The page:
Recently, Press and Dyson have proposed a new class of probabilistic and conditional strategies for the two-player iterated Prisoner's Dilemma, so-called zero-determinant strategies. A player adopting zero-determinant strategies is able to pin the expected payoff of the opponents or to enforce a linear relationship between his own payoff and the opponents' payoff, in a unilateral way. This paper considers zero-determinant strategies in the iterated public goods game, a representative multi-player game where in each round each player will choose whether or not to put his tokens into a public pot, and the tokens in this pot are multiplied by a factor larger than one and then evenly divided among all players. The analytical and numerical results exhibit a similar yet different scenario to the case of two-player games: (i) with small number of players or a small multiplication factor, a player is able to unilaterally pin the expected total payoff of all other players; (ii) a player is able to set the ratio between his payoff and the total payoff of all other players, but this ratio is limited by an upper bound if the multiplication factor exceeds a threshold that depends on the number of players.

  17. [Game addiction].

    Science.gov (United States)

    Mori, Akio; Iwadate, Masako; Minakawa, Nahoko T; Kawashima, Satoshi

    2015-09-01

    The purpose of this article is to analyze the South Korea and China of computer game research, and the current state of research in Japan. Excessive game actions were analyzed by PET-MRI, MRI, fMRI, NIRS, EEG. These results showed that the prefrontal cortical activity decreased during game play. Also, game addiction causes damage to the prefrontal cortex. The NIRS-EEG and simultaneous recording, during game play correspond well with the decrease of β band and oxygen-hemoglobin. The α band did not change with game play. However, oxygen-hemoglobin decreased during game play. South Korea, game addiction measures have been analyzed since 2002, but in Japan the research is recent.

  18. (ludo) game

    African Journals Online (AJOL)

    Dr Obe

    game. This development is analogous to that of games of strategy, in which each player is assigned a set of possible ... based system, communication protocols, performance ..... driven and a shorter coding-debugging life cycle. The methods ...

  19. Learning with touchscreen devices: game strategies to improve geometric thinking

    Science.gov (United States)

    Soldano, Carlotta; Arzarello, Ferdinando

    2016-03-01

    The aim of this paper is to reflect on the importance of the students' game-strategic thinking during the development of mathematical activities. In particular, we hypothesise that this type of thinking helps students in the construction of logical links between concepts during the "argumentation phase" of the proving process. The theoretical background of our study lies in the works of J. Hintikka, a Finnish logician, who developed a new type of logic, based on game theory, called the logic of inquiry. In order to experiment with this new approach to the teaching and learning of mathematics, we have prepared five game-activities based on geometric theorems in which two players play against each other in a multi-touch dynamic geometric environment (DGE). In this paper, we present the design of the first game-activity and the relationship between it and the logic of inquiry. Then, adopting the theoretical framework of the instrumental genesis by Vérillon and Rabardel (EJPE 10: 77-101, 1995), we will present and analyse significant actions and dialogues developed by students while they are solving the game. We focus on the presence of a particular way of playing the game introduced by the students, the "reflected game", and highlight its functions for the development of the task.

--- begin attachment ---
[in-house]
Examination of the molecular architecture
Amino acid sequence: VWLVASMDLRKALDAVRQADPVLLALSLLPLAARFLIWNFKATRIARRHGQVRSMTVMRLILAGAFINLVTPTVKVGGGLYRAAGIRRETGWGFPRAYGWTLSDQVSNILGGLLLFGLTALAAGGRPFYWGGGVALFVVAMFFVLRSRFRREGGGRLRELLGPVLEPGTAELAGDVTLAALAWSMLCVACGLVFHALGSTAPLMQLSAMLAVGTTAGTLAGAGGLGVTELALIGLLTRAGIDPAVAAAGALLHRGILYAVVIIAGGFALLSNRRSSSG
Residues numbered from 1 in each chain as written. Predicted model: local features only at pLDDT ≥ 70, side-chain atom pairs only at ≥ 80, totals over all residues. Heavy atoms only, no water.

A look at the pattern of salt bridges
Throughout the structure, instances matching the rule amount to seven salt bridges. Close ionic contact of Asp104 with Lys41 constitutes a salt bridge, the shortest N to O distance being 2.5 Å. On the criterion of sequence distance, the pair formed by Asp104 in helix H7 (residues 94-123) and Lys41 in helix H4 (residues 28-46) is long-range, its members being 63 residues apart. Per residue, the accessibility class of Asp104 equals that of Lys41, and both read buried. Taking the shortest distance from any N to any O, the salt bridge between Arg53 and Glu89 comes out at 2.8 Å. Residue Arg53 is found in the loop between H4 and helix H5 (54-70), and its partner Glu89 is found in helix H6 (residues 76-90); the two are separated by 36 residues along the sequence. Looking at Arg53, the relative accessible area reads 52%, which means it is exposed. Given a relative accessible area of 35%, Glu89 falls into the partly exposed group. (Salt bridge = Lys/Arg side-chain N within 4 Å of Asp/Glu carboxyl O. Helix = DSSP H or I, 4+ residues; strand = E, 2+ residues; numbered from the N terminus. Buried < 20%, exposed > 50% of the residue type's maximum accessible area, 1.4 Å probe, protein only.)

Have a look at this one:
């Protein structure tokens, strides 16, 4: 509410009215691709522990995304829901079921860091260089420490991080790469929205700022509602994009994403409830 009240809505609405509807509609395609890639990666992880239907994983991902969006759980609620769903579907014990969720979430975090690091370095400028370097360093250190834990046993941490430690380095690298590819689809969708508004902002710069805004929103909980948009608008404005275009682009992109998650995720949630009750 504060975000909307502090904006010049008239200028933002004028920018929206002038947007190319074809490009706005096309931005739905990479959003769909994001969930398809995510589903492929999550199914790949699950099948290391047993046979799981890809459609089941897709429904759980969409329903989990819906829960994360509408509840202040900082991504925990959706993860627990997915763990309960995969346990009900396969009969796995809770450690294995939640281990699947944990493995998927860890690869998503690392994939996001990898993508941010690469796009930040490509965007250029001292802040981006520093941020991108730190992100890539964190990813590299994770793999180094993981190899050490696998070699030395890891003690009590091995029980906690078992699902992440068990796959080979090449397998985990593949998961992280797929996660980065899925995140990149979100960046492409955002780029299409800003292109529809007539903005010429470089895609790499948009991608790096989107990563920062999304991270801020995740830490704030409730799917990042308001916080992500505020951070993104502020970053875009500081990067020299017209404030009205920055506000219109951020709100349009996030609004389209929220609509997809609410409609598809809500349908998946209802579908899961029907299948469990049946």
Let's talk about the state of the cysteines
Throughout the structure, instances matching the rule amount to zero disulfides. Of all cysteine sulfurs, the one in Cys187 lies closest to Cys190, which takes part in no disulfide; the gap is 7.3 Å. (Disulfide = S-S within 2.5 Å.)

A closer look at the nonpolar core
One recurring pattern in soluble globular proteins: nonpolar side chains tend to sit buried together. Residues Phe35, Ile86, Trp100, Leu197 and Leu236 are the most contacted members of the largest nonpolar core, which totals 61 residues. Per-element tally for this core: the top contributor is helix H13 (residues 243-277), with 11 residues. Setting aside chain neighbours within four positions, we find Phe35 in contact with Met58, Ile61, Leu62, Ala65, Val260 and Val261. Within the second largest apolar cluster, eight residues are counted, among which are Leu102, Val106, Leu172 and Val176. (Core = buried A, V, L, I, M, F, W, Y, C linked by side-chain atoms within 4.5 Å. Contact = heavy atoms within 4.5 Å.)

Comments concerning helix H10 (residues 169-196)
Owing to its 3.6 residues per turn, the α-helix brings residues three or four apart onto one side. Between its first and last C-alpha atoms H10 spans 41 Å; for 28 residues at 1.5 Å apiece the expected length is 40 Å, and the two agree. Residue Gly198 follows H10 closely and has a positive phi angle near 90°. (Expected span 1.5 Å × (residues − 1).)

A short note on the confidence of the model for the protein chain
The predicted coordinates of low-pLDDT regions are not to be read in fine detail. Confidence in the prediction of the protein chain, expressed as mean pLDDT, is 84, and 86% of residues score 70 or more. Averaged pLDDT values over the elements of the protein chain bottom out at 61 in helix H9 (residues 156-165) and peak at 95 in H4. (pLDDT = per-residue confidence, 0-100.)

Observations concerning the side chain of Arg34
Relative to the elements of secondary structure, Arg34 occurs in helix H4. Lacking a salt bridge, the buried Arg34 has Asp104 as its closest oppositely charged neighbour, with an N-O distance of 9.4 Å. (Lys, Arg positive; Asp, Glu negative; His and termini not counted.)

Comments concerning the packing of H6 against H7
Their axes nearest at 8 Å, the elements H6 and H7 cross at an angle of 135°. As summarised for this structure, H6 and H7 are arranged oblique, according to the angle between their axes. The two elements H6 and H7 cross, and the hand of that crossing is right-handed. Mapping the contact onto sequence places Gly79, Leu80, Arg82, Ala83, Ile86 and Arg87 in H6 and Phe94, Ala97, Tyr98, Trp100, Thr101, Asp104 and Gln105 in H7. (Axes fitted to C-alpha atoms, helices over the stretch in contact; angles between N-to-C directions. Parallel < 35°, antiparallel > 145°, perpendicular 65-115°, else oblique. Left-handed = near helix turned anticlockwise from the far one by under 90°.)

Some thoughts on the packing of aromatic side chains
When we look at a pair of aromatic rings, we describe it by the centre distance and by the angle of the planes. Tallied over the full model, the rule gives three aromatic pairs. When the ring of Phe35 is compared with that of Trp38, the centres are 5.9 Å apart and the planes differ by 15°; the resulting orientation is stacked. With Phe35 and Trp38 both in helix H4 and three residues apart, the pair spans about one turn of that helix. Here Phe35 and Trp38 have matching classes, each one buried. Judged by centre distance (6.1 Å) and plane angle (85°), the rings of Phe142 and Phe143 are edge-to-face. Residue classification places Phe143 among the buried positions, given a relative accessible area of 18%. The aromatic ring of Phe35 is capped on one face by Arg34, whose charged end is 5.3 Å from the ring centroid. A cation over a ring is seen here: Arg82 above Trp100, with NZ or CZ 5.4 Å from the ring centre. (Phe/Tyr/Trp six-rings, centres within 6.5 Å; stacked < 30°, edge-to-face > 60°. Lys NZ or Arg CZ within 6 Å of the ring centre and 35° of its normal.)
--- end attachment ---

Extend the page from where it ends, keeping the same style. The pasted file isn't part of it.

20. Casual Games

    DEFF Research Database (Denmark)

    Hansen, Ole Ertløv

    2015-01-01

    Casual games have become a widespread activity that fills our leisure time. This article introduces to the phenomenon casual games – their definition and the history. Furthermore the article presents and discusses the experience of and engagement or immersion in playing these games as it is put...... forward by recent research. The theoretical approach is based on media psychology, phenomenology and reversal theory. Finally it is argued that playing casual games is fundamental pleasurable to both paratelic as well as telic metamotivational states....

  1. Casual Games

    DEFF Research Database (Denmark)

    Hansen, Ole Ertløv

    2015-01-01

    Casual games have become a widespread activity that fills our leisure time. This article introduces to the phenomenon casual games – their definition and the history. Furthermore the article presents and discusses the experience of and engagement or immersion in playing these games as it is put...... forward by recent research. The theoretical approach is based on media psychology, phenomenology and reversal theory. Finally it is argued that playing casual games is fundamental pleasurable to both paratelic as well as telic metamotivational states....

  2. Zero-Determinant Strategies in Iterated Public Goods Game

    OpenAIRE

    Liming Pan; Dong Hao; Zhihai Rong; Tao Zhou

    2015-01-01

    Recently, Press and Dyson have proposed a new class of probabilistic and conditional strategies for the two-player iterated Prisoner’s Dilemma, so-called zero-determinant strategies. A player adopting zero-determinant strategies is able to pin the expected payoff of the opponents or to enforce a linear relationship between his own payoff and the opponents’ payoff, in a unilateral way. This paper considers zero-determinant strategies in the iterated public goods game, a representative multi-pl...

  3. Automated Planning in Repeated Adversarial Games

    CERN Document Server